Roe v. Wade
Every January, on the anniversary of the Supreme Court's 1973 decision to legalize abortion, WORLD reviews pro-life progress and regress over the previous year.
Pregnancy resource center directors, volunteers, or mothers:
Send us your baby photos
WORLD’s annual Roe v. Wade issue often includes photos of babies. In our 2014 issue, the photo on our cover shows one of the millions of babies saved through God’s grace and the work of pregnancy resource centers, and every year that number increases. We hope to make publishing such photos an annual tradition.
How to participate in 2015: Any pregnancy resource center client's baby born in 2015 is eligible. We’ll need a signed release (download PDF) from the baby’s parent or guardian. Moms of babies whose photos are selected for inclusion in WORLD, and the centers that have helped, will receive copies of the magazine that includes the babies’ photos. Please email photos and release forms to Rob Patete (email@example.com) by Dec. 31.
Red zone defense
With our most-observed secular holiday, Super Bowl day, coming this year on Feb. 6, we're hearing a lot about what happens in "the red zone," the part of the football field that extends from the 20-yard line to the end zone. Meanwhile, abortion proponents are defending their own bloody red zone against a reinvigorated pro-life movement.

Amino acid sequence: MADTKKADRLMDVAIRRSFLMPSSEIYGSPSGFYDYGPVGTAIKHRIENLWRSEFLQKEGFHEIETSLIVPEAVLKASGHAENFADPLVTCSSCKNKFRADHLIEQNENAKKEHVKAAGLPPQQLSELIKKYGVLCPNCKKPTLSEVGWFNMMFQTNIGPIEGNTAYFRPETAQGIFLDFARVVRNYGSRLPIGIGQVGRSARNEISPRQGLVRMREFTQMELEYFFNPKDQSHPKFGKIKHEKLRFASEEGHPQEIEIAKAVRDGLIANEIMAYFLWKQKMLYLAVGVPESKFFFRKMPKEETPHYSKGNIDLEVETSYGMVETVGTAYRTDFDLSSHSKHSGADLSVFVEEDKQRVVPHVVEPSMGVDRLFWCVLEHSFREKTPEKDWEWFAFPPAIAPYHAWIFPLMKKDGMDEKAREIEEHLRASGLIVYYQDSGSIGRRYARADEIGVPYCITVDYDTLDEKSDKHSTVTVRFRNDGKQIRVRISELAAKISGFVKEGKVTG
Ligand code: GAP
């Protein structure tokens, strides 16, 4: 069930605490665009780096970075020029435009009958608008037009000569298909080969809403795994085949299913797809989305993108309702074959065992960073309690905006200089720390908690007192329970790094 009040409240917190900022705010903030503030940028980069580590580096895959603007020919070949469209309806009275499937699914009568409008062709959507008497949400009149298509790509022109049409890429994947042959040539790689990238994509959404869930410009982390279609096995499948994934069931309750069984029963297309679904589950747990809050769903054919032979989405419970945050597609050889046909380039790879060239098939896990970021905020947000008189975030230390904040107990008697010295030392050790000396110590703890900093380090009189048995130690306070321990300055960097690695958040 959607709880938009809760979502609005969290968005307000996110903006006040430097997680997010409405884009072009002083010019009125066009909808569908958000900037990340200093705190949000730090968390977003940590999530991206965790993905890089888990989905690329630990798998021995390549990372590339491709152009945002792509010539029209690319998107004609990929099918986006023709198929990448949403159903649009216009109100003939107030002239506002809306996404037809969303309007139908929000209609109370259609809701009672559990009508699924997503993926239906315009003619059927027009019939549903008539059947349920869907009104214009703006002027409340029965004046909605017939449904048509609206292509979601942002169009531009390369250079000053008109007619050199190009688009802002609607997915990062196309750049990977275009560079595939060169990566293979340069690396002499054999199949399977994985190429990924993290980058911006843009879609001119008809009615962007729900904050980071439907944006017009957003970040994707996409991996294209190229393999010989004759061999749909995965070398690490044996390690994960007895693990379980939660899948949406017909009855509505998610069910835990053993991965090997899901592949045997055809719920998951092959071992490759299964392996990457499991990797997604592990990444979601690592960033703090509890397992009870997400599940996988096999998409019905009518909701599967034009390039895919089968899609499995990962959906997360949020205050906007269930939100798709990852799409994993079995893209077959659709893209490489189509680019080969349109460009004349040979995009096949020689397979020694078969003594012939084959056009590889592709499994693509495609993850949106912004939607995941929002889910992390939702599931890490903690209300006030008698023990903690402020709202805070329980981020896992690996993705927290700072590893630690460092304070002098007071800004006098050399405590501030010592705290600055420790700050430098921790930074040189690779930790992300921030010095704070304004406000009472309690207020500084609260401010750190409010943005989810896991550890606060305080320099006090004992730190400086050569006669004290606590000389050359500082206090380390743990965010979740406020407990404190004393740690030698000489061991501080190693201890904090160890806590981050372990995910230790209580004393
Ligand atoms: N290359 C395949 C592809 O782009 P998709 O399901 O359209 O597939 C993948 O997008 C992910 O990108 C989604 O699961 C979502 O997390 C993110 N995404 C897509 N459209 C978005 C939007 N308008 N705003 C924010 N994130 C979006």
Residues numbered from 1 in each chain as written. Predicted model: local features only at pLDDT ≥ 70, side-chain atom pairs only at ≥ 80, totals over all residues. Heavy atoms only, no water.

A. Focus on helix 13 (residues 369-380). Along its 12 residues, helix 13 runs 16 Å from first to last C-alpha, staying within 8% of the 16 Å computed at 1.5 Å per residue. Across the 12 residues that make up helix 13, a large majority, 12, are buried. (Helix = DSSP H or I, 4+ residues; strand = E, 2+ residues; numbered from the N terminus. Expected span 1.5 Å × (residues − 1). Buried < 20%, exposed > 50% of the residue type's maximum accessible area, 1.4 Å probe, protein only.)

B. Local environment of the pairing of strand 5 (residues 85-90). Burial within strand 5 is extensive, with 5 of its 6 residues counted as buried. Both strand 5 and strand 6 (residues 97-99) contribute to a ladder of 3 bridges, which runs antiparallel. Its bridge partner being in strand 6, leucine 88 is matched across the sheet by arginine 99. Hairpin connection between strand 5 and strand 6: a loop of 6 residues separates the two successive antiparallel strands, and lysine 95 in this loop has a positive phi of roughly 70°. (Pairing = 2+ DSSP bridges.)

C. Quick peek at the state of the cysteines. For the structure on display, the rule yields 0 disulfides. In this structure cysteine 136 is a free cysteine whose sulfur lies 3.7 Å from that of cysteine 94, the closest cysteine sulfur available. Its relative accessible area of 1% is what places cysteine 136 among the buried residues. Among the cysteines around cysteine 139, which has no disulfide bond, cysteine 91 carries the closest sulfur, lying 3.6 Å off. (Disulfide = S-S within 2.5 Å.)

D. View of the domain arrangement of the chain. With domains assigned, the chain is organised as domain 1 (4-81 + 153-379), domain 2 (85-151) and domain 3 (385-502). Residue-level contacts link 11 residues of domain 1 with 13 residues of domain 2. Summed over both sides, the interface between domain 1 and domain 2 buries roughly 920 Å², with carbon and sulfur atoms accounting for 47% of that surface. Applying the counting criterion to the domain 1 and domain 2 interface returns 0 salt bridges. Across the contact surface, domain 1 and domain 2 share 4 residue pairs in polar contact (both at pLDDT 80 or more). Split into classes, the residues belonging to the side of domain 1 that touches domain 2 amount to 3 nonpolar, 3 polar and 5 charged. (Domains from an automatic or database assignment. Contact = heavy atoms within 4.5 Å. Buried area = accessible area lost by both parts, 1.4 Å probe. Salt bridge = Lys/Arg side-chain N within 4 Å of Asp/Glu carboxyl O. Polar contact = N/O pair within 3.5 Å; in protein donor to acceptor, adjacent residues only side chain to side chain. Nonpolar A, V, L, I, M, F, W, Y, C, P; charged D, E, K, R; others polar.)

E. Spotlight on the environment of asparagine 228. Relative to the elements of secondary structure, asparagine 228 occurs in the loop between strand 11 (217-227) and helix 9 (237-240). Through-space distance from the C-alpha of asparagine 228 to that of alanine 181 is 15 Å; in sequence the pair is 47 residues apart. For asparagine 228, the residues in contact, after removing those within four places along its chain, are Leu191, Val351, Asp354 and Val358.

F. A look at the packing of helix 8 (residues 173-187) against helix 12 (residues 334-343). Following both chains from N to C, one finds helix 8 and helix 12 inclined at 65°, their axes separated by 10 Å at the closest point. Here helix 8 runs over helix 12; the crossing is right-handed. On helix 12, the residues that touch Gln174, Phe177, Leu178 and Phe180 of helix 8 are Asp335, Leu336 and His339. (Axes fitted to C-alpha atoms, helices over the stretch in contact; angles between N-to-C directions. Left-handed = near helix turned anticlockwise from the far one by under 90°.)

Abortion: A right that's wrong
Even as the abortion culture sinks itself deeper into the fabric of American life, pro-lifers are preparing to mourn the 26th anniversary of the Supreme Court's Roe vs. Wade decision, several factors continue to chip away at its acceptability. Political challenges, cultural argument, and compassionate alternatives are slowly but surely helping to form the consensus that abortion is wrong. A look back at abortion in America since the last dark Roe anniversary.
Life worth living
The January 22, 1973, Roe vs. Wade ruling has been a death sentence for 30 million-plus preborn infants in the United States. For 24 years babies have died for any reason and no reason. But in the 1990s, with the development of new genetic tests that can more safely and less expensively diagnose genetic disorders in utero, many young humans are at risk for one very specific reason: They have Down Syndrome.